5. It is likely that CJPME has employed and paid staff to engage in these lobbying activities. In this same flyer, CJPME stated that in 2020, its operating expenses totaled $215,000.

  6. In its 2019 year-end message, CJPME president Thomas Woodley stated that in that year, CJPME had 2.5 full-time equivalents of paid staff, and that for the year 2018 CJPME’s salary expenses were $145,000.

Part II: Law and Analysis

7. Section 5(1) of the Lobbying Act states that “An individual shall file with the Commissioner, in the prescribed form and manner, a return setting out the information referred to in subsection (2), if the individual, for payment, on behalf of any person or organization (in this section referred to as the “client”), undertakes to (a) communicate with a public office holder in respect of … (iv) the development or amendment of any policy or program of the Government of Canada, … or (b) arrange a meeting between a public office holder and any other person.” 8. Section 7(1) of the Lobbying Act states that: “The officer responsible for filing returns for a corporation or organization shall file with the Commissioner, in the prescribed form and manner, a return setting out the information referred to in subsection (3) if (a) the corporation or organization employs one or more individuals any part of whose duties is to communicate with public office holders on behalf of the employer or, if the employer is a corporation, on behalf of any subsidiary of the employer or any corporation of which the employer is a subsidiary, in respect of … (iv) the development or amendment of any policy or program of the Government of Canada, … and (b) those duties constitute a significant part of the duties of one employee or would constitute a significant part of the duties of one employee if they were performed by only one employee.” 9. The activities of CJPME and its officers, based on their descriptions in CJPME’s own published materials, appear to meet the criteria of lobbying as set out in the Act i.e., communication with designated public office holders (i.e., Members of Parliament) about the development of the foreign policy of the Government of Canada regarding conflicts in the Middle East. During the period from 2018 through 2021 and currently, CJPME appears to employ one or more individuals to carry out such activities on its behalf, and such activities appear, from their volume described in CJPME’s own materials, to constitute a significant part of the duties of such employees, or a significant part of the duties of only one employee if they were performed by only one employee. The fact that neither CJPME nor any of its principal officers appear in the Registry of Lobbyists strongly suggests that the returns required by the Lobbying Act were not filed. 10. None of the activities of CJPME appear to fall into the areas of non-applicability of the Lobbying Act as set out in Section 4 thereof.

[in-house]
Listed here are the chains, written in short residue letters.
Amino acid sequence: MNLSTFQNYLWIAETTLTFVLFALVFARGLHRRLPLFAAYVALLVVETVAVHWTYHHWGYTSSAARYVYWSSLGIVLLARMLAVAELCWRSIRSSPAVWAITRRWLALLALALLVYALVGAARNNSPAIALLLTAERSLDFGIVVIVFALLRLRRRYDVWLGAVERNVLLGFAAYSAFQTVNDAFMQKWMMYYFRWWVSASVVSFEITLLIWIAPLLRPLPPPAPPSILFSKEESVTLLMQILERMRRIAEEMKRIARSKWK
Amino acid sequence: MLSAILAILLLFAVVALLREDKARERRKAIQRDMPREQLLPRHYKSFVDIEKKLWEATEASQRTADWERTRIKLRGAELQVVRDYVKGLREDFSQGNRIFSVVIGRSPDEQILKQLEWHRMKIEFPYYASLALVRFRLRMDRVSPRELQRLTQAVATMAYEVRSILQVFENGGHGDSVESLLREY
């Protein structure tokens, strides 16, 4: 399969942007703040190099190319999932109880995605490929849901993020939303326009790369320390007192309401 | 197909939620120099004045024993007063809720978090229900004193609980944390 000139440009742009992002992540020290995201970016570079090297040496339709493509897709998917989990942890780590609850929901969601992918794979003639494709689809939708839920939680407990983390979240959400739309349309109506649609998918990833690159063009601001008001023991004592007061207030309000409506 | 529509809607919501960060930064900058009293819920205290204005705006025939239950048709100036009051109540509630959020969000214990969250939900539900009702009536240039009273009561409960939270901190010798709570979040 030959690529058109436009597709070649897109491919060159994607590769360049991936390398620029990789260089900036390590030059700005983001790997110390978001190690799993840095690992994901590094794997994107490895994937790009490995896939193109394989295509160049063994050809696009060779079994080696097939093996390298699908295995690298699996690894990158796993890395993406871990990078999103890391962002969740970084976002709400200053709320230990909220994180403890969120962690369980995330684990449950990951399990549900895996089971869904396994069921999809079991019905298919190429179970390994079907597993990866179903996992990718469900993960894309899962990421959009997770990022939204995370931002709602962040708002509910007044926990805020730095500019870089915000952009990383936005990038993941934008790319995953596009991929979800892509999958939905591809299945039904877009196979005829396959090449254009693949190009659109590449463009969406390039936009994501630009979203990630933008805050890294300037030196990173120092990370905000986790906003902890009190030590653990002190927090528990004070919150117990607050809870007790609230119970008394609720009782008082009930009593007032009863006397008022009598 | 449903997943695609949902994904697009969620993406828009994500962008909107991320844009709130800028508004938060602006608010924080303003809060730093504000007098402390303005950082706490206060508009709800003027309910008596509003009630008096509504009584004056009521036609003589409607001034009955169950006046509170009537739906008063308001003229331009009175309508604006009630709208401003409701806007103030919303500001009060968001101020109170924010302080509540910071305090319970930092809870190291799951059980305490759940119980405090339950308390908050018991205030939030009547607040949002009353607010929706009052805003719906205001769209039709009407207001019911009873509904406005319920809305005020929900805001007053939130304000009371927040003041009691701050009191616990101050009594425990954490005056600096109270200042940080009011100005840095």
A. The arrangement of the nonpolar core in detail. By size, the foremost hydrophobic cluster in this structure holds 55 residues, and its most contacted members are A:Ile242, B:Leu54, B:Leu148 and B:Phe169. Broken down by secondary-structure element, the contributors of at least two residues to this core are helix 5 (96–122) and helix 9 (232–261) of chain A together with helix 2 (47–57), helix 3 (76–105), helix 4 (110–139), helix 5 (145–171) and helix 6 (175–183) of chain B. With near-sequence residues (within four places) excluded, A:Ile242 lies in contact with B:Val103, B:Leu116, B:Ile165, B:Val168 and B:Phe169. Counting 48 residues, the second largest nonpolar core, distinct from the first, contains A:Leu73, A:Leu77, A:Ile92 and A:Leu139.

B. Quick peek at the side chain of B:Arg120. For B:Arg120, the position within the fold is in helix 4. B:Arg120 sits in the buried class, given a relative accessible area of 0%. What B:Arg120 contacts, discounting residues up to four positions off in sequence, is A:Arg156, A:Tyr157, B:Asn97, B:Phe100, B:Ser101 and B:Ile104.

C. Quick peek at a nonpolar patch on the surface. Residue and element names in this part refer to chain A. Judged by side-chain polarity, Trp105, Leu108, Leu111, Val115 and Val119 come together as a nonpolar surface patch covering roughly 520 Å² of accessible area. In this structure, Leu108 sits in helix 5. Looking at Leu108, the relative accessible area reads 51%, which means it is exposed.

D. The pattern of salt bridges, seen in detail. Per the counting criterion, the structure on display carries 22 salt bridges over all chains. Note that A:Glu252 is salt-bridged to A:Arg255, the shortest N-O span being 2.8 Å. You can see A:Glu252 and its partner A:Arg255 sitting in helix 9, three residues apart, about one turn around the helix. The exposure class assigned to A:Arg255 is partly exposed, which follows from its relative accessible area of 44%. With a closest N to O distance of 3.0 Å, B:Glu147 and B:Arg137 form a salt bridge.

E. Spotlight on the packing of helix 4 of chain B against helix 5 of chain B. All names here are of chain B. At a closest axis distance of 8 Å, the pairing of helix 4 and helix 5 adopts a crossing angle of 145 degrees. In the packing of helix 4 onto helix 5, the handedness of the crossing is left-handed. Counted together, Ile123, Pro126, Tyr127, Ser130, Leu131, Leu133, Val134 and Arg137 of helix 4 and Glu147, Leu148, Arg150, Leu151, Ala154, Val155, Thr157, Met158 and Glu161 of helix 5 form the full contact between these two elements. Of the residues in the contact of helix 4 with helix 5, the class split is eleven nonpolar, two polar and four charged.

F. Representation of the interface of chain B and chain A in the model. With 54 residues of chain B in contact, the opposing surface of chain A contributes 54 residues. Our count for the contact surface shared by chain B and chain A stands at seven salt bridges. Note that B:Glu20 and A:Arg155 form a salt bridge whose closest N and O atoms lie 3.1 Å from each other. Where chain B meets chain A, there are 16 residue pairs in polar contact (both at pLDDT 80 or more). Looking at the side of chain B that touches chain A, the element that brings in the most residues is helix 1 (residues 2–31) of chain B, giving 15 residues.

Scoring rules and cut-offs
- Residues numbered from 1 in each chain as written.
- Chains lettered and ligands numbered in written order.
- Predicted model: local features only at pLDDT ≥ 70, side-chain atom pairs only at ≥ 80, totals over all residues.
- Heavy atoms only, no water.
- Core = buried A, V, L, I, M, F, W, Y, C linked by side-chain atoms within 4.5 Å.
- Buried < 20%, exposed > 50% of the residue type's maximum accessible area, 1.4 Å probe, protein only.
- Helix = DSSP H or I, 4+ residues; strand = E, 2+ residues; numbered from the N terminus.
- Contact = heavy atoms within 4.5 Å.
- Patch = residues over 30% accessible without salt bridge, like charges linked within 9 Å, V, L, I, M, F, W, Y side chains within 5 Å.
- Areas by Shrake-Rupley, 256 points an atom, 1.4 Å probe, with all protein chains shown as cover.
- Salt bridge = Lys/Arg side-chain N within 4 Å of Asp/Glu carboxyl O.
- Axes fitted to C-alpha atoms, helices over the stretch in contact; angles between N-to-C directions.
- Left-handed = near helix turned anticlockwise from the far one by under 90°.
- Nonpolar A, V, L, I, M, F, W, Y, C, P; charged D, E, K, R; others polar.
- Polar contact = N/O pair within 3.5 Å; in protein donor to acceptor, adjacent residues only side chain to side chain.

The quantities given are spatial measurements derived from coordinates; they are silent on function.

Part III: Conclusion

11. Based on the facts and law recited above, I respectfully request that possible contraventions of the Lobbying Act by CJPME be investigated by your Office.

Yours very truly,

Michael Teper